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Global art contest in celebration of World Wildlife Day 2019
Geneva, 16 January 2019: World Wildlife Day 2019 on 3 March, celebrated under the theme “Life under water – for people and planet”, will put the conservation of marine species in the global spotlight. As part of the World Wildlife Day celebrations around the world, the International Fund for Animal Welfare (IFAW) will host a global art contest for school children in collaboration with the Secretariat of the Convention on International Trade in Endangered Species of Wild Fauna and Flora (CITES) and the United Nations Development Programme (UNDP).
The theme of the contest will be in line with the UN Sustainable Development Goal 14 - Life below water, which is also the theme of this year’s World Wildlife Day. It presents an opportunity to encourage youth engagement while highlighting marine species that will be discussed at the upcoming World Wildlife Conference – CITES CoP18 in Colombo, Sri Lanka, in May 2019.
The art contest engages school-aged children and aims to build a sense of connection between youth and the marine world, giving them a chance to highlight the critical importance of marine wildlife to their lives. As children have an affinity for both wildlife as well as art, the contest encourages this fundamental form of expression which gives them a voice while building an even stronger sense of connection with the natural world.
Interested and aspiring young artists can now submit their work electronically through IFAW’s website through 10 February. The grand prize winner will be announced on 1 March at the WWD ceremony held at the UN Headquarters in New York, where he/she will have the opportunity to attend in person as a guest of honour.
According to Kelly Johnston, Program Officer of IFAW, “We are excited by the global collaboration around this critical theme and the opportunity to inspire youth of all ages through the 2019 art contest. Through increasing awareness about the threats faced by wildlife across the globe in a means that offers creativity and expression, we are hopeful that the global youth community will further come together to share its sense of connection with the natural world.”
As UNDP Head of Biodiversity and Ecosystems, Midori Paxton, notes: “Over three billion people depend on marine and coastal biodiversity for their livelihoods; oceans help to mitigate the impact of climate change. If we are to ensure that ocean ecosystems are sustainably managed for current and future generations, a comprehensive global response is needed which includes engaging youth on issues related to the health of the marine ecosystem.”
Liu Yuan, Programme and Communications Officer of the CITES Secretariat, said “We are delighted to team up with IFAW to organize an art contest which provides a great opportunity for the youth to express themselves and to take action to support the conservation of marine species. We human beings are still consuming a significant amount of wildlife, especially from the perspective of wild-caught marine species and we are seeing 30% of the world’s fish stocks overexploited. We must ensure that our consumption is at sustainable level.”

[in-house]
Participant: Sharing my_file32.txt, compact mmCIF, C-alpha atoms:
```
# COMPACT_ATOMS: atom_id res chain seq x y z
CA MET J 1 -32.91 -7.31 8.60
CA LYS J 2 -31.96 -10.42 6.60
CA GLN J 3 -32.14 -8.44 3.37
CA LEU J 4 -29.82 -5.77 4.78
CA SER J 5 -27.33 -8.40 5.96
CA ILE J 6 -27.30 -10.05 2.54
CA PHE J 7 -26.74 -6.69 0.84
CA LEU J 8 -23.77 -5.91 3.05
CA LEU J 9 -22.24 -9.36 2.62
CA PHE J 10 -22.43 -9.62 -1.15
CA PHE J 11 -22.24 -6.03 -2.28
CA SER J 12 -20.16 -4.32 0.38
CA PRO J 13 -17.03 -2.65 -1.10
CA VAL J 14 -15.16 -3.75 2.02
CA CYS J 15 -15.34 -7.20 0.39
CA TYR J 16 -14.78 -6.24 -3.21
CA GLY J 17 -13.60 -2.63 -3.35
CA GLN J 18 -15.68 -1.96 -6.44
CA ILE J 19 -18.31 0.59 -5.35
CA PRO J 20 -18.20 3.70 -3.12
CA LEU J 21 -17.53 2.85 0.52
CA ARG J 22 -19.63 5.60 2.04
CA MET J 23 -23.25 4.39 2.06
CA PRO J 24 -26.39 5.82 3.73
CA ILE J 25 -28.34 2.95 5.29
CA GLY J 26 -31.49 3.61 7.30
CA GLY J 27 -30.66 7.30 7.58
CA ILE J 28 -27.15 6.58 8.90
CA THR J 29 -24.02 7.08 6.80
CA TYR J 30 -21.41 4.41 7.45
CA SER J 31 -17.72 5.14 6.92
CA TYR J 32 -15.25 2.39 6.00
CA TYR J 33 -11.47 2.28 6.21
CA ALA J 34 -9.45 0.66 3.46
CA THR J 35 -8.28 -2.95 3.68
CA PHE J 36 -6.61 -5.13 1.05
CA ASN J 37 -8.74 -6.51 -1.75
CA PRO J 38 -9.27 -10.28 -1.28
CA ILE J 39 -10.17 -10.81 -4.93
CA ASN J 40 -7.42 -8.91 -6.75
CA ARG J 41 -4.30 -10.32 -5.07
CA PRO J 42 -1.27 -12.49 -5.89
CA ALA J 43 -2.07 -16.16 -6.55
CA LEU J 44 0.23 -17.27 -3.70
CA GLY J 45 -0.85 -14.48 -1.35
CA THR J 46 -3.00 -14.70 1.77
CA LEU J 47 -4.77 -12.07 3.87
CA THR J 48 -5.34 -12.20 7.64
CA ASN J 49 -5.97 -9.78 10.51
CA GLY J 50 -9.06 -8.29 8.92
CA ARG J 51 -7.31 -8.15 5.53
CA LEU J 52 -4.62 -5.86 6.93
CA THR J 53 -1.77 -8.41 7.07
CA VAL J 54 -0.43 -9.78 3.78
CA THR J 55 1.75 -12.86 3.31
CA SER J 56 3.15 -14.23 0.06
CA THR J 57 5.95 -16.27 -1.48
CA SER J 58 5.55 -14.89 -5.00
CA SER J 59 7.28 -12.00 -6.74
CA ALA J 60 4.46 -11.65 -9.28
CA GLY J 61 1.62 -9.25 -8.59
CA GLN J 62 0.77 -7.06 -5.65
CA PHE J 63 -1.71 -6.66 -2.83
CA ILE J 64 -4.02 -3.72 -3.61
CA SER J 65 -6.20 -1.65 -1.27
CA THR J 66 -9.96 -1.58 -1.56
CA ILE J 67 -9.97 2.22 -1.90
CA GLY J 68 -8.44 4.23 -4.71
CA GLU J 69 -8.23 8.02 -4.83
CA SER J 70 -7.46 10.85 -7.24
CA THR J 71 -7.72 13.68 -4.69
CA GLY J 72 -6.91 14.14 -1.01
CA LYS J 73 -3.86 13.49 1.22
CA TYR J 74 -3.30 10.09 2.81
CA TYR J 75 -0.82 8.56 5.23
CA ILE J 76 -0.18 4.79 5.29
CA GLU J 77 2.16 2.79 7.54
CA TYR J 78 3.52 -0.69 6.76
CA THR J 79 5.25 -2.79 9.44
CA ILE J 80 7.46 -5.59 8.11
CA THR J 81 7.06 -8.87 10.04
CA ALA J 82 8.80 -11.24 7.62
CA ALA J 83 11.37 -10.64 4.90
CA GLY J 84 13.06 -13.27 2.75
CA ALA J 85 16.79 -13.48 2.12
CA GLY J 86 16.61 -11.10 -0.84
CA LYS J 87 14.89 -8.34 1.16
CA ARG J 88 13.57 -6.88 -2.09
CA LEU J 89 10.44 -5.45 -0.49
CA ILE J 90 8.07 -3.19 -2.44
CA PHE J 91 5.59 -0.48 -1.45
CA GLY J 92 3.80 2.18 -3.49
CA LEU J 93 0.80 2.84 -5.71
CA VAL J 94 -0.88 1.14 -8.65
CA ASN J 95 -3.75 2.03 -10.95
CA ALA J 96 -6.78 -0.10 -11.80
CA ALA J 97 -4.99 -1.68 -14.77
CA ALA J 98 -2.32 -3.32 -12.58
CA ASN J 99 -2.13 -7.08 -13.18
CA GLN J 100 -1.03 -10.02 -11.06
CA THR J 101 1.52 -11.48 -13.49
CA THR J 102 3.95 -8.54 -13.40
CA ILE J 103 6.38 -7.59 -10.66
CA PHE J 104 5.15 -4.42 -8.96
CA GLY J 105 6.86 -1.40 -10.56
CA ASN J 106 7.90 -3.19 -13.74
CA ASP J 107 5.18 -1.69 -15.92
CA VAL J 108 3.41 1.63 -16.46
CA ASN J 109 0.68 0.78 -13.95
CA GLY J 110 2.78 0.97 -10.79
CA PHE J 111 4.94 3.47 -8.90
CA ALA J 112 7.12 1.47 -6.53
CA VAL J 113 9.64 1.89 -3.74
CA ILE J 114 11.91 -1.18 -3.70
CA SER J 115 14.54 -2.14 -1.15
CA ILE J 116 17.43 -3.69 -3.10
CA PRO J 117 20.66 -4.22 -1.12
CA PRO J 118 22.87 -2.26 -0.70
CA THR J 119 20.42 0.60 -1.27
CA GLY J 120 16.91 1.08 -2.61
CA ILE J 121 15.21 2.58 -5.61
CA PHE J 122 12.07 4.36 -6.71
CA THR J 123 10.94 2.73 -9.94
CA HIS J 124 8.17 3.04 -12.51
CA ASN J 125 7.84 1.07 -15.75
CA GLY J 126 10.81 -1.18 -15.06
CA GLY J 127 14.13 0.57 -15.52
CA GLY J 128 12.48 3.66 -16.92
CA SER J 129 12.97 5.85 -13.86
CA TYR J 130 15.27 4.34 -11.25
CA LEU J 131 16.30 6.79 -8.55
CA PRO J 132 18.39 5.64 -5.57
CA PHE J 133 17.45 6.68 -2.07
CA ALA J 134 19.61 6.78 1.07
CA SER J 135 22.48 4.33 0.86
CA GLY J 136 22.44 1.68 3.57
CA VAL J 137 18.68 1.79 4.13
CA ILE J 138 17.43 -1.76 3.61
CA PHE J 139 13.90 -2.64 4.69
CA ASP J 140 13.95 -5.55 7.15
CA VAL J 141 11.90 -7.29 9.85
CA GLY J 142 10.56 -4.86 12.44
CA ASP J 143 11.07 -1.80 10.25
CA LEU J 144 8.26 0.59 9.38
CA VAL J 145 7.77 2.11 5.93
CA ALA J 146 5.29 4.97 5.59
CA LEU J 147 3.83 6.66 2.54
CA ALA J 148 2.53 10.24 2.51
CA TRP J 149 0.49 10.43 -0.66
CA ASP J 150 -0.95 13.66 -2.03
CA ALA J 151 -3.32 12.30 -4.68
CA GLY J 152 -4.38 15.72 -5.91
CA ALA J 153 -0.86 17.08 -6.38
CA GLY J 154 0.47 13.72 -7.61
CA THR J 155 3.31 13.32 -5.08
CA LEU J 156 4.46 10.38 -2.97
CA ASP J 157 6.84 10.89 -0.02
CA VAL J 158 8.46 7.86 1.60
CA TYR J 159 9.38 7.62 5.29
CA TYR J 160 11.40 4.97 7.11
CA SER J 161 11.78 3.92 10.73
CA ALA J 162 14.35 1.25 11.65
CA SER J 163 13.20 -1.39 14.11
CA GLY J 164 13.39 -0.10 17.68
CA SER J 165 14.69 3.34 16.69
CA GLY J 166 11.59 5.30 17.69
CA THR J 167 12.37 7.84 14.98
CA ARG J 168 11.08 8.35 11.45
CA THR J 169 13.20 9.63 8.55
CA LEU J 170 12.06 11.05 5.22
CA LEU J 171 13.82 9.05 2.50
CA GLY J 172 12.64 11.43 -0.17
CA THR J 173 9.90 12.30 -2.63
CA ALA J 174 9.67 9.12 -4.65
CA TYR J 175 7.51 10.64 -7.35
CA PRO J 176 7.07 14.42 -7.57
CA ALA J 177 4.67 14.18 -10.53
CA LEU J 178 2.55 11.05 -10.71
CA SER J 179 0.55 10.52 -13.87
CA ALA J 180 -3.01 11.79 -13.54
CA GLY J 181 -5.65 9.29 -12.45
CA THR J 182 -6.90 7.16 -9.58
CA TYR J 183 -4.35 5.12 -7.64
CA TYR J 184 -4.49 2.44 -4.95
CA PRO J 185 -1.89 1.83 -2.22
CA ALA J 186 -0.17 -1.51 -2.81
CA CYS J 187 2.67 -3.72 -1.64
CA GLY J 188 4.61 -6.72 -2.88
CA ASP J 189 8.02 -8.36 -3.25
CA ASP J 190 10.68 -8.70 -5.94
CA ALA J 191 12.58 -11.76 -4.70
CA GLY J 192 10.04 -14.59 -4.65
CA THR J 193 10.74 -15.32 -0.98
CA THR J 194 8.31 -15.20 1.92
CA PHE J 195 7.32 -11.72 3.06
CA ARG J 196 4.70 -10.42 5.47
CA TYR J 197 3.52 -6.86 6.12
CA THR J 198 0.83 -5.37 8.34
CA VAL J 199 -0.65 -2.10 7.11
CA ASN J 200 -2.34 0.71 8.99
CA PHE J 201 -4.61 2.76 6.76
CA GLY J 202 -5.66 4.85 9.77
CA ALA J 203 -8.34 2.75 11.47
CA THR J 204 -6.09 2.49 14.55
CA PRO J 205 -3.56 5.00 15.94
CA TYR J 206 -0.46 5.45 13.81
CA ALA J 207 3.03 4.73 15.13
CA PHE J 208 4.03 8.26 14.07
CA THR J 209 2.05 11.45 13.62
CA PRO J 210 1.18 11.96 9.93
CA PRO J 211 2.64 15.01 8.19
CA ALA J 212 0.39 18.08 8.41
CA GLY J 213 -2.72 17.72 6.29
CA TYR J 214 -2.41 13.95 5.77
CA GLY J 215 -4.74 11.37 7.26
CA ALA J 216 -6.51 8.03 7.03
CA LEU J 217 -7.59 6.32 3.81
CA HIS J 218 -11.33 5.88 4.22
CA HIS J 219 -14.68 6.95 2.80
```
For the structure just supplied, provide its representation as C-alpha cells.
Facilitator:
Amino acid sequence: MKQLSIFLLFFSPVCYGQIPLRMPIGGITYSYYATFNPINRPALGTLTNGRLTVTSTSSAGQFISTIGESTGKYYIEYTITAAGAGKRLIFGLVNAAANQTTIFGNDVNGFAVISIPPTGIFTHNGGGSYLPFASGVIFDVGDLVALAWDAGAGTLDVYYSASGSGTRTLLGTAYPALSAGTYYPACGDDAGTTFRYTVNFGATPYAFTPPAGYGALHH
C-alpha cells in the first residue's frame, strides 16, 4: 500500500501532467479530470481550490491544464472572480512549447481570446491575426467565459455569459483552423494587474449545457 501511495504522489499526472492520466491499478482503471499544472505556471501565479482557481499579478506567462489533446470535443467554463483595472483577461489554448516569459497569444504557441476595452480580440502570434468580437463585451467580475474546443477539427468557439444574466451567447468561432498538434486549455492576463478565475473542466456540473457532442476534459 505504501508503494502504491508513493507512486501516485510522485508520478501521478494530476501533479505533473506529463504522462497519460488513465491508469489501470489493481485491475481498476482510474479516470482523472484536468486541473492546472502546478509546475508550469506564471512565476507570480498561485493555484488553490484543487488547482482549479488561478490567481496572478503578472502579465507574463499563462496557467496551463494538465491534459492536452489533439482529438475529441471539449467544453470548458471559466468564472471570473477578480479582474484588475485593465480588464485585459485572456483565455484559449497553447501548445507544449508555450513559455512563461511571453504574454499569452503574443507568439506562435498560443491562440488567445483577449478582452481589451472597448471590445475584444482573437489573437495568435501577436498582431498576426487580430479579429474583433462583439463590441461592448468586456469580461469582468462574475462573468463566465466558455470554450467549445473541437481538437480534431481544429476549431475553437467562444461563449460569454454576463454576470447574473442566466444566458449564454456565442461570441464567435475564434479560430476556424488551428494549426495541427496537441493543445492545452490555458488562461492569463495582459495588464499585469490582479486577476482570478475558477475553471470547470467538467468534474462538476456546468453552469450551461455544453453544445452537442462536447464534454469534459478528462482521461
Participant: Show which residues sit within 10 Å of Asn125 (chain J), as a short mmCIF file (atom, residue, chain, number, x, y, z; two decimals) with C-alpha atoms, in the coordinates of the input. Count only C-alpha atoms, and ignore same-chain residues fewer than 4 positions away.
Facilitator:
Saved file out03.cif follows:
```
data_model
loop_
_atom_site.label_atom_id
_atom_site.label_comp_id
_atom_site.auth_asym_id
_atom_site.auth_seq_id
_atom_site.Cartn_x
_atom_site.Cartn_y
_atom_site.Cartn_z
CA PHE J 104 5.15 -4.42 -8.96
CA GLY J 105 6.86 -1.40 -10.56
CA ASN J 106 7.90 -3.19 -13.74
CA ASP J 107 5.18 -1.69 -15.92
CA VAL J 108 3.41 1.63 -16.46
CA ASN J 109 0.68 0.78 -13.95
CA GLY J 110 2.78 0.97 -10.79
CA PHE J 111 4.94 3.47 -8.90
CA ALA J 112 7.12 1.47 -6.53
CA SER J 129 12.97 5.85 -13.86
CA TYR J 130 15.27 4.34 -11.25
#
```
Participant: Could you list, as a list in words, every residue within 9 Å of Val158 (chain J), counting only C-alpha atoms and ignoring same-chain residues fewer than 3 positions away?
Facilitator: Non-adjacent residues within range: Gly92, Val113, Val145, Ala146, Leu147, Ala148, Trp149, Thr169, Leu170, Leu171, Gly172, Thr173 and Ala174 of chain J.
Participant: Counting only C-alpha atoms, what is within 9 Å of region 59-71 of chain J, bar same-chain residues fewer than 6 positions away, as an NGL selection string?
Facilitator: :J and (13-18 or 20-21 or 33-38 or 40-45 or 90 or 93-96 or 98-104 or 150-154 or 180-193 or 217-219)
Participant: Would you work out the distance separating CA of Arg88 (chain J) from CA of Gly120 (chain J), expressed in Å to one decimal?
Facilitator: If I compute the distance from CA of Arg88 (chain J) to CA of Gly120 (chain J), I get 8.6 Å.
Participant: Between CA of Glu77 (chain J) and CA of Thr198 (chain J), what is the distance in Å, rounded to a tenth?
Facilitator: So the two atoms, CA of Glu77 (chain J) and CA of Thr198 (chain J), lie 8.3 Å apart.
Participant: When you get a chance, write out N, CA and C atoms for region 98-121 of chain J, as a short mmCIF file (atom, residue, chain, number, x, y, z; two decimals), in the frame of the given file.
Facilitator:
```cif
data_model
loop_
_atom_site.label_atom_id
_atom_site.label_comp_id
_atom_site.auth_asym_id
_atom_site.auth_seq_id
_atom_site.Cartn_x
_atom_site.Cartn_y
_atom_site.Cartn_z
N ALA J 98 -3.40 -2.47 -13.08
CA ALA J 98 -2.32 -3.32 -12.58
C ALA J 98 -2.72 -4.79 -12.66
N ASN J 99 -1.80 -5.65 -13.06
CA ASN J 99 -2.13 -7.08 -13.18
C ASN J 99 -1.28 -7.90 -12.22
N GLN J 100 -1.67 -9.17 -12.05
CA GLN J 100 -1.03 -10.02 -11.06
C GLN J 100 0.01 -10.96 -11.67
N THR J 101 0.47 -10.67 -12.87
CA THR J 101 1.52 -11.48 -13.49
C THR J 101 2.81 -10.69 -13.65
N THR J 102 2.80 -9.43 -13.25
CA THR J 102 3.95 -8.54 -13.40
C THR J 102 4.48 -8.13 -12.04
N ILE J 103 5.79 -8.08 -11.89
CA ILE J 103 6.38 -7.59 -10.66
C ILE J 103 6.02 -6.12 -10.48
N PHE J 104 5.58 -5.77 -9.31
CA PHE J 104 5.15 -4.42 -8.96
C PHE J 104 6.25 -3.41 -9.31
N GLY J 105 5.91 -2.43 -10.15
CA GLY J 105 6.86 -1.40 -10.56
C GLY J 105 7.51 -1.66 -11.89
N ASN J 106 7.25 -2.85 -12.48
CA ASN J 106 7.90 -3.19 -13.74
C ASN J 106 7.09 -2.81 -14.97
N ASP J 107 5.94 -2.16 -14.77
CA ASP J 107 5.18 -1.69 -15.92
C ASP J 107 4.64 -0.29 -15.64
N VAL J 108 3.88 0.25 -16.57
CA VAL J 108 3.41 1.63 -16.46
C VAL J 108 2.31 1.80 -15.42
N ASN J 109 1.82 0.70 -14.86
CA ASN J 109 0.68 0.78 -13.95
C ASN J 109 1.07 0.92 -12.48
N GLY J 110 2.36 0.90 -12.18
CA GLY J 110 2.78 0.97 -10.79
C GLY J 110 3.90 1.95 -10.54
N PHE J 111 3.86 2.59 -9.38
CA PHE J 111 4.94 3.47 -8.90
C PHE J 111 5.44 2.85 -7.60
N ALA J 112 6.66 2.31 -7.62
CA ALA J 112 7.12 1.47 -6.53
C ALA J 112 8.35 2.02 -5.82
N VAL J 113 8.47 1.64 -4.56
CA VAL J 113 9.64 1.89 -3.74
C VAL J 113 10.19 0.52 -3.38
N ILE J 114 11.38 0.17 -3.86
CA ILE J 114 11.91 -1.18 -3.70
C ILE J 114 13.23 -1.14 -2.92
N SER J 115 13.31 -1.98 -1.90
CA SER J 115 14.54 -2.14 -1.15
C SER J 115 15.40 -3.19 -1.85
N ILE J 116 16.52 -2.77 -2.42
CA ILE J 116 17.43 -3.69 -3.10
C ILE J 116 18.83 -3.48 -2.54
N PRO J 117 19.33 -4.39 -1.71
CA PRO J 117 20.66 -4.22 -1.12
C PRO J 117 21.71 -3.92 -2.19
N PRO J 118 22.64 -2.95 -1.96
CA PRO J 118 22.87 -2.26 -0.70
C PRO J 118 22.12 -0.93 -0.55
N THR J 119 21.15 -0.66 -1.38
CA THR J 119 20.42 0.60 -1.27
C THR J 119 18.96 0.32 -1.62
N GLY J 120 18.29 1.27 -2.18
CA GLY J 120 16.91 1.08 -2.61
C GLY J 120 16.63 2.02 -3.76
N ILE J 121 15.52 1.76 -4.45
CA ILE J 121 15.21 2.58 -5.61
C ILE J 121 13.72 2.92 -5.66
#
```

World Wildlife Day was proclaimed in 2013 in the 68th session of the United Nations General Assembly (UNGA), marking the day of signature of the CITES, to celebrate and raise awareness of the world’s wild animals and plants. Since that time it has become the most important global annual event specifically dedicated to wildlife.
Note to editors: For more information and to arrange interviews, please contact Liu Yuan at +41 22 917 8130 or [email protected]
With 183 Parties (182 countries + the European Union), the Convention on International Trade in Endangered Species of Wild Fauna and Flora (CITES) remains one of the world's most powerful tools for wildlife conservation through the regulation of trade. Thousands of species are internationally traded and used by people in their daily lives for food, health care, housing, tourist souvenirs, cosmetics or fashion. CITES regulates international trade in over 36,000 species of plants and animals, including their products and derivatives, to ensure their survival in the wild with benefits for the livelihoods of local people and the global environment. The CITES permit system seeks to ensure that international trade in listed species is sustainable, legal and traceable. CITES was signed in Washington D.C. on 3 March 1973 and entered into force on 1 July 1975.
Founded in 1969, the International Fund for Animal Welfare (IFAW) is a global non-profit organization that protects animals and the places they call home. With offices in 15 countries and projects in over 40, we rescue, rehabilitate and release animals into secure landscapes around the world. In collaboration with both governments and local communities, our experienced campaigners, legal and political experts, and internationally acclaimed scientists pioneer lasting solutions to some of the most pressing animal welfare and wildlife conservation issues of our time.
UNDP partners with people at all levels of society to help build nations that can withstand crisis, and drive and sustain the kind of growth that improves the quality of life for everyone. On the ground in nearly 170 countries and territories, we offer global perspective and local insight to help empower lives and build resilient nations.